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TheCountOfNowhere

Lenders Withdraw Some High Ltv Products Following Brexit

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Great news indeed.

Think of those poor overseas investors who have seen their houses fall ~10% in value over 2 trading days due to Sterling's fall....

I can't see many investors buying into London property now,

Everything is pointing one way!

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And the lender has seen a boost in applications following the decision to leave the EU. On Friday Fleet saw its busiest day ever for new mortgage applications with roughly four times its usual number. This was double its previous best day during the SDLT spike.

Is this website a parody?

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Great news indeed.

Think of those poor overseas investors

Thos chinese investors can sell at a massive loss in GBP and still break even.

This baby is going down.

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Unless they were all rushing to get a mortgage before it goes tits up. But it's not at all what I've been hearing from people in the know or online. Very very odd.

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Come on now. This is nothing to be pleased about.

Now...if the ballot had been cast on 'we demand X changes to the EU Constitution' or leave, as opposed to black and white...

I will argue here and now that dropping house prices will be offset by restriction of the lending market and a general reduction in liquidity, higher rates, more taxes, and lack of buyers.

No upside, that is what I am saying.

And the 'property = pension' types are going to go ballistic... especially as inheritance tax is going to go up significantly. The children of these people are going to get it right in the kidney with the sharp end of the sh1t stick.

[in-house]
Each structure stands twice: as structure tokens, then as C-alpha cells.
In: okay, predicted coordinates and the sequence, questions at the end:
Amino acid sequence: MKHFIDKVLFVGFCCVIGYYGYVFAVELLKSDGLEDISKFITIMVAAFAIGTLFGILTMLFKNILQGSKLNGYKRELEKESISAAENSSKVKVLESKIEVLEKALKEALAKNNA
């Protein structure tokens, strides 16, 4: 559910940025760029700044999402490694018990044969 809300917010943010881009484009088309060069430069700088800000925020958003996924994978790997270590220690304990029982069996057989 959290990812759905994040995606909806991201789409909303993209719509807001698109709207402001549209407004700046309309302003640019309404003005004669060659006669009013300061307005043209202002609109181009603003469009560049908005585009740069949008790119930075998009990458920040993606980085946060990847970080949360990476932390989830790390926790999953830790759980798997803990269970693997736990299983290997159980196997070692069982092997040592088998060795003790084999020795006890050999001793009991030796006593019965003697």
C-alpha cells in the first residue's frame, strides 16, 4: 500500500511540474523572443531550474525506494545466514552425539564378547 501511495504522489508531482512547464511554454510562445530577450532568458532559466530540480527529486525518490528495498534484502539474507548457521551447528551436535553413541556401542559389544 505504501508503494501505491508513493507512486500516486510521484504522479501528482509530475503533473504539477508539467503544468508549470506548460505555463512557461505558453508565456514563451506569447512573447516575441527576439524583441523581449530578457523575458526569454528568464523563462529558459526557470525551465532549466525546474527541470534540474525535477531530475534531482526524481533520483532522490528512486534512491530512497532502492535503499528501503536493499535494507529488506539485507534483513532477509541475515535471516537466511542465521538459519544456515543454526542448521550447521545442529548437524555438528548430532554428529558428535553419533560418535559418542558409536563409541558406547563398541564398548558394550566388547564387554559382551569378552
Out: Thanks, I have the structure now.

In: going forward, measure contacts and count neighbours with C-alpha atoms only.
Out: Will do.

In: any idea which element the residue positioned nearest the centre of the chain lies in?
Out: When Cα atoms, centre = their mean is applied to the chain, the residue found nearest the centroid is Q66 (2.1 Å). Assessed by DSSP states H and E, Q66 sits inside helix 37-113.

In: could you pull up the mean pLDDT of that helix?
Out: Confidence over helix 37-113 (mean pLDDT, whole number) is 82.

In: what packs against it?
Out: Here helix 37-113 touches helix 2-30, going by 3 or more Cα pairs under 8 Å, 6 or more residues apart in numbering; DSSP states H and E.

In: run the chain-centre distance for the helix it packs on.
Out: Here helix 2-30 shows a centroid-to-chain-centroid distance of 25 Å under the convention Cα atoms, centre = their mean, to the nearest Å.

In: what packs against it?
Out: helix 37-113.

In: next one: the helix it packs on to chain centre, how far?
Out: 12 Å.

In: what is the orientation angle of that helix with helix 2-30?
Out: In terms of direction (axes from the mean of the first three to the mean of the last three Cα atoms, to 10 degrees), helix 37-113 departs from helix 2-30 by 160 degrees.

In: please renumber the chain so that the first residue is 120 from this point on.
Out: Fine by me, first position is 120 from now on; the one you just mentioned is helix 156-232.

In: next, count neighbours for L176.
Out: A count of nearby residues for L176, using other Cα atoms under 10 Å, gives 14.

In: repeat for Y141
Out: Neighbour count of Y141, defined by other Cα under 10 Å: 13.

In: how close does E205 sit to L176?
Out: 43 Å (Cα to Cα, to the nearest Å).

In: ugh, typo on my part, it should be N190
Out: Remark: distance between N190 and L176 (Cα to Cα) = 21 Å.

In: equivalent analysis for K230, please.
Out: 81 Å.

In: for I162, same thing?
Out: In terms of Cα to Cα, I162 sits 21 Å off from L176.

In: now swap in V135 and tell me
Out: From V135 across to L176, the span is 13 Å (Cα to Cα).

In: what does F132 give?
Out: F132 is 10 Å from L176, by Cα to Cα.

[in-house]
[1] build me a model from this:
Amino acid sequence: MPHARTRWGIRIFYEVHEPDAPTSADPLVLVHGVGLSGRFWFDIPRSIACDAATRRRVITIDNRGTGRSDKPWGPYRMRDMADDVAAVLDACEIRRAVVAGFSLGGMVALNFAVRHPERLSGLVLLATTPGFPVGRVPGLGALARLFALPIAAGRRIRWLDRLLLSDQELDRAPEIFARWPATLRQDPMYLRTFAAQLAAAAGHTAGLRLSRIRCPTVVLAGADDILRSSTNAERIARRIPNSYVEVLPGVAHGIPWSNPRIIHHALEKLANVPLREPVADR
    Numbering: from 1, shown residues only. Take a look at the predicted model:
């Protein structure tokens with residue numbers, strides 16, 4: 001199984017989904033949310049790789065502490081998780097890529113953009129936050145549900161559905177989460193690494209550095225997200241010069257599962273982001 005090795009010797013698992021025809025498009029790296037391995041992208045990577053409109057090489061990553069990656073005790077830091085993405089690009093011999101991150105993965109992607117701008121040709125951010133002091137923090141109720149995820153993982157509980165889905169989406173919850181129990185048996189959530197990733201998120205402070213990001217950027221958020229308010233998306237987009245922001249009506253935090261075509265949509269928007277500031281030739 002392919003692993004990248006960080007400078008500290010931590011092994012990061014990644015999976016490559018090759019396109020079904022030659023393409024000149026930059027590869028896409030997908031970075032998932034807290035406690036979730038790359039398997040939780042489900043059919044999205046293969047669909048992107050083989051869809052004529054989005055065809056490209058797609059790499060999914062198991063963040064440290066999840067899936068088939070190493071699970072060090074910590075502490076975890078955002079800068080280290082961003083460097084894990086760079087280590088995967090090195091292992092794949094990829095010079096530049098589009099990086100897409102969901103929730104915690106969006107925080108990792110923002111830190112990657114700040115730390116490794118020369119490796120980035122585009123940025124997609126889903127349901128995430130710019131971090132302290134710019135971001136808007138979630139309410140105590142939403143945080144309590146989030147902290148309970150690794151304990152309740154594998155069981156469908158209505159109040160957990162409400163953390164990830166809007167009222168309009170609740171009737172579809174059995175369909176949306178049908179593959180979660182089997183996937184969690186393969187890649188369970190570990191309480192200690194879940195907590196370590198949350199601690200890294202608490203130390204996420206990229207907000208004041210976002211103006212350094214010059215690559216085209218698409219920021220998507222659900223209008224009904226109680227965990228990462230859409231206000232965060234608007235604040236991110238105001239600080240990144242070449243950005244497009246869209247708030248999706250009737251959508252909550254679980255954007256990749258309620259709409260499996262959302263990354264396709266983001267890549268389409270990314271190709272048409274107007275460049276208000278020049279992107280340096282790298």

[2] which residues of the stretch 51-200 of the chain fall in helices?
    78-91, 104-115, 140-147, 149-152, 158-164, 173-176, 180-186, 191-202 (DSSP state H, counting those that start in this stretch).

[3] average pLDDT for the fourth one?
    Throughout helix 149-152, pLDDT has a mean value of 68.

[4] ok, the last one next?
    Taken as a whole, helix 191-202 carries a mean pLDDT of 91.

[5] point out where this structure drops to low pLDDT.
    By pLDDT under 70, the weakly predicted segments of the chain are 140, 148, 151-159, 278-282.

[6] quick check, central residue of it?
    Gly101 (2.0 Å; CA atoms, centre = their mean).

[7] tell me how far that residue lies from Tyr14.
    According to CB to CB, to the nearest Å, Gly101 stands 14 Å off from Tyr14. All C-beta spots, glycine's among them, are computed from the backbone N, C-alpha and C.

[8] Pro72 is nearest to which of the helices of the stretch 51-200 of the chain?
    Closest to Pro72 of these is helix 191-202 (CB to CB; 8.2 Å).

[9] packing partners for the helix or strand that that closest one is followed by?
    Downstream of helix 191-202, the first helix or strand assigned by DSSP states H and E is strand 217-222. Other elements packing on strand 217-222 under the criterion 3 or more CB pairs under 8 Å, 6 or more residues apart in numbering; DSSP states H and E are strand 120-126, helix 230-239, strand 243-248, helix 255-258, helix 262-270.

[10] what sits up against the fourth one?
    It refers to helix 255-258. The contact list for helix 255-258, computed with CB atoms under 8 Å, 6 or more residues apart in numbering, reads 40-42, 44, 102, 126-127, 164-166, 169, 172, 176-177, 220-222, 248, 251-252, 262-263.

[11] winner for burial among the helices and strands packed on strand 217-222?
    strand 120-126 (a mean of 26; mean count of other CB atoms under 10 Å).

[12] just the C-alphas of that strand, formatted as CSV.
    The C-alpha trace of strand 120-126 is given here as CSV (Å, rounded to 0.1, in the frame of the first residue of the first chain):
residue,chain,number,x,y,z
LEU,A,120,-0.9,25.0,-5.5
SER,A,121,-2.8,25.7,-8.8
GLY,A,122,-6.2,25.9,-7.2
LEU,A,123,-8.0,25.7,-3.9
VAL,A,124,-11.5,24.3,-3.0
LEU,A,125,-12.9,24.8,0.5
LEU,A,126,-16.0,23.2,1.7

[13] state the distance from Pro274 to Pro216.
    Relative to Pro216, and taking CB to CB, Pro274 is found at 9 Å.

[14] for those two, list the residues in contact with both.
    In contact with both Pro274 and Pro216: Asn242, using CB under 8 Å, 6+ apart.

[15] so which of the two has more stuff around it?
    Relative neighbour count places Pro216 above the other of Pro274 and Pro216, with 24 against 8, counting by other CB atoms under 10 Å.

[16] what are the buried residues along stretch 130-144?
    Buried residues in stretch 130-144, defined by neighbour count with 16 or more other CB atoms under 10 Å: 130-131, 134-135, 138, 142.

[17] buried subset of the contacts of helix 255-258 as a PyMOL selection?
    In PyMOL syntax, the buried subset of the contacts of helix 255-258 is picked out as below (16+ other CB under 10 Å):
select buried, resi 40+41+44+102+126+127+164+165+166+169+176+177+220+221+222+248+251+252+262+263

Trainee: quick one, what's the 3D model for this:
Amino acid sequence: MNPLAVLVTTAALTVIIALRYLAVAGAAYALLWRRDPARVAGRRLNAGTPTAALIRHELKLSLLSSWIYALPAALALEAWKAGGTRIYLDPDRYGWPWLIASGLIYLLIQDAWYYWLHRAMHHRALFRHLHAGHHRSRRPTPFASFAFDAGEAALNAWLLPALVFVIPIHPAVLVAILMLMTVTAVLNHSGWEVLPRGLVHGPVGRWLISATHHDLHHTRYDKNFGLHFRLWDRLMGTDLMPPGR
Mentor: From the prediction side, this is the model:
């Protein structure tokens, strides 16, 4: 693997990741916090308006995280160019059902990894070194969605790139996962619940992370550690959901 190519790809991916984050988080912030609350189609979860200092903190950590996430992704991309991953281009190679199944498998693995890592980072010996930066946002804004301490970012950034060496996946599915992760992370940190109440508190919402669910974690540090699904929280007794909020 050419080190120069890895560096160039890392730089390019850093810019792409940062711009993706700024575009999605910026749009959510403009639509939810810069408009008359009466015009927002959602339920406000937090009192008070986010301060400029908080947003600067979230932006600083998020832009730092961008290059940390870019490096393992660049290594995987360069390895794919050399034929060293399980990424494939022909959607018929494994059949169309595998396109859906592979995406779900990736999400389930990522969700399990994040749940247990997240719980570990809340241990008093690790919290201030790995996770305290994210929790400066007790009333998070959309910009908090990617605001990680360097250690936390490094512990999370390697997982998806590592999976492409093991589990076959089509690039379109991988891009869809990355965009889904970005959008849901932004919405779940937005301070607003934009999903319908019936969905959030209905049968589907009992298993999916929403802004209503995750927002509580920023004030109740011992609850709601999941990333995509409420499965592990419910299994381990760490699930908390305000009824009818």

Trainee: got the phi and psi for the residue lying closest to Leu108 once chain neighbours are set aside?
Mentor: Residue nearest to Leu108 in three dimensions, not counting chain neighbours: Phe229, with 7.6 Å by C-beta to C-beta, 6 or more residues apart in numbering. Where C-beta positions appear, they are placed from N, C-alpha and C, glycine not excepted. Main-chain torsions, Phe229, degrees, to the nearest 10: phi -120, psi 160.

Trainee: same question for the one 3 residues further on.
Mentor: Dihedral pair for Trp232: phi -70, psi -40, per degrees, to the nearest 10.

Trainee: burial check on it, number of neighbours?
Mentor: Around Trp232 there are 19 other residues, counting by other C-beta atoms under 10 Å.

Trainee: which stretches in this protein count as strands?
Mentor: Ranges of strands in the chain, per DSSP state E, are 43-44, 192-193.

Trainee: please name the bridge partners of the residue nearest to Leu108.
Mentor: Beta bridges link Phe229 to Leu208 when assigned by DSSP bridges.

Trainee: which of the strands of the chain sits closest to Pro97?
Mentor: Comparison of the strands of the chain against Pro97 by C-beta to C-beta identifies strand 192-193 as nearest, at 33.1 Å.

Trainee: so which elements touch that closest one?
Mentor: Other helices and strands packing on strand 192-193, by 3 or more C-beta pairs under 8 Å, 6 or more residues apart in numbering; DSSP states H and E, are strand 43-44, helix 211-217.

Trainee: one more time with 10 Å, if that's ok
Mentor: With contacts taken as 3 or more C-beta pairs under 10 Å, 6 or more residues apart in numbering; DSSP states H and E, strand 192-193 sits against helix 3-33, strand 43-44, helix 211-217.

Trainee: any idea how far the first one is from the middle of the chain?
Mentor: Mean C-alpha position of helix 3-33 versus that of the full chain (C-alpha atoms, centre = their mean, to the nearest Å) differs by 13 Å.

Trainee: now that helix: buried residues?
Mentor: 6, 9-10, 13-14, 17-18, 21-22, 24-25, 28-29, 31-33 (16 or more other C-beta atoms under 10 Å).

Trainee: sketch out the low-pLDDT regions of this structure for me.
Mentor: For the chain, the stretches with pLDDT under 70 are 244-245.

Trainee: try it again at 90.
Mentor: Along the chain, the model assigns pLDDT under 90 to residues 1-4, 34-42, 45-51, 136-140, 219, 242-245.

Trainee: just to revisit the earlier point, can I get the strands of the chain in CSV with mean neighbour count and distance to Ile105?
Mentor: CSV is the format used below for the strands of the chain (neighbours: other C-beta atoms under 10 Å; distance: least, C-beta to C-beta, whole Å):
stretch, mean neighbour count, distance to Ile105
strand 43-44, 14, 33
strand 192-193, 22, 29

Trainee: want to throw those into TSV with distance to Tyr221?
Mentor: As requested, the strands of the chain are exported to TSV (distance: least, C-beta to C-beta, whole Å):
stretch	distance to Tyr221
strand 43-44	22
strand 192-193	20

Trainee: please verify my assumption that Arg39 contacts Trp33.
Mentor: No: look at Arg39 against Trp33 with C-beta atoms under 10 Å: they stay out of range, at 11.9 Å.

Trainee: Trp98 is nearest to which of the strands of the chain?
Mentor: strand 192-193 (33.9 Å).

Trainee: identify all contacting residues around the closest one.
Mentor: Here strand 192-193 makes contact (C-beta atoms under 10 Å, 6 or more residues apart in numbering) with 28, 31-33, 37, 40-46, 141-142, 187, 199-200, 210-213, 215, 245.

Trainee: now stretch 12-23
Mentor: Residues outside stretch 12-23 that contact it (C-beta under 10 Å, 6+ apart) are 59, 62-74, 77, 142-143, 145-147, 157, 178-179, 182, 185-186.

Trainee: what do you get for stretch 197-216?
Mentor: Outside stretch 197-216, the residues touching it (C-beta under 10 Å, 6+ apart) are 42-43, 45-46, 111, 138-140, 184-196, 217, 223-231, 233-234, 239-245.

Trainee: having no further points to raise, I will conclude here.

EDIT: and overall higher commodity pricing, higher energy tariffs, less competition. Not good for all the small fry. Not good at all.

Edited by cashinmattress

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Are you still whining about the result?


I will argue here and now that dropping house prices will be offset by restriction of the lending market and a gereral reduction in liquidty, higher rates, more taxes, and lack of buyers.

Indeed, but don't forget the positive you've left out.

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Are you still whining about the result?

Indeed, but don't forget the positive you've left out.

Such as?

This?

http://www.theweek.co.uk/brexit/61987/will-house-prices-rise-in-a-brexit-bubble

House prices: Brexit discount for foreign buyers hits £40,000

Tumbling pound sees London property fall from €630,100 at €579,200 for overseas investors

https://en.wikipedia.org/wiki/Unintended_consequences

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Thos chinese investors can sell at a massive loss in GBP and still break even.

This baby is going down.

If they sell at a loss in GBP, they'll sell at an even bigger loss in USD after Friday's result, so it might be going down even quicker, but those foreign investors will be nursing losses.

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Foreign investors are not seeking value in London, London has not been good value for at least 5 years in any currency, they are seeking a momentum play, and momentum will now be firmly down.

True. London's property market is was driven by investors looking for security and capital growth. Prime London residential property became a de facto reserve currency for the international rich. That security and capital growth now looks flaky and you can bet your bottom dollar/yuan/rouble that demand will be evaporating.

There are also large rich expat European communities in London which will certainly stop growing. Many affluent French and Greek families moved to London over the past few years, they may well be considering their options and thinking it's time to move on.

Edited by InlikeFlynn

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True. London's property market is was driven by investors looking for security and capital growth. Prime London residential property became a de facto reserve currency for the international rich. That security and capital growth now looks flaky and you can bet your bottom dollar/yuan/rouble that demand will be evaporating.

There are also large rich expat European communities in London which will certainly stop growing. Many affluent French and Greek families moved to London over the past few years, they may well be considering their options and thinking it's time to move on.

A very good point.

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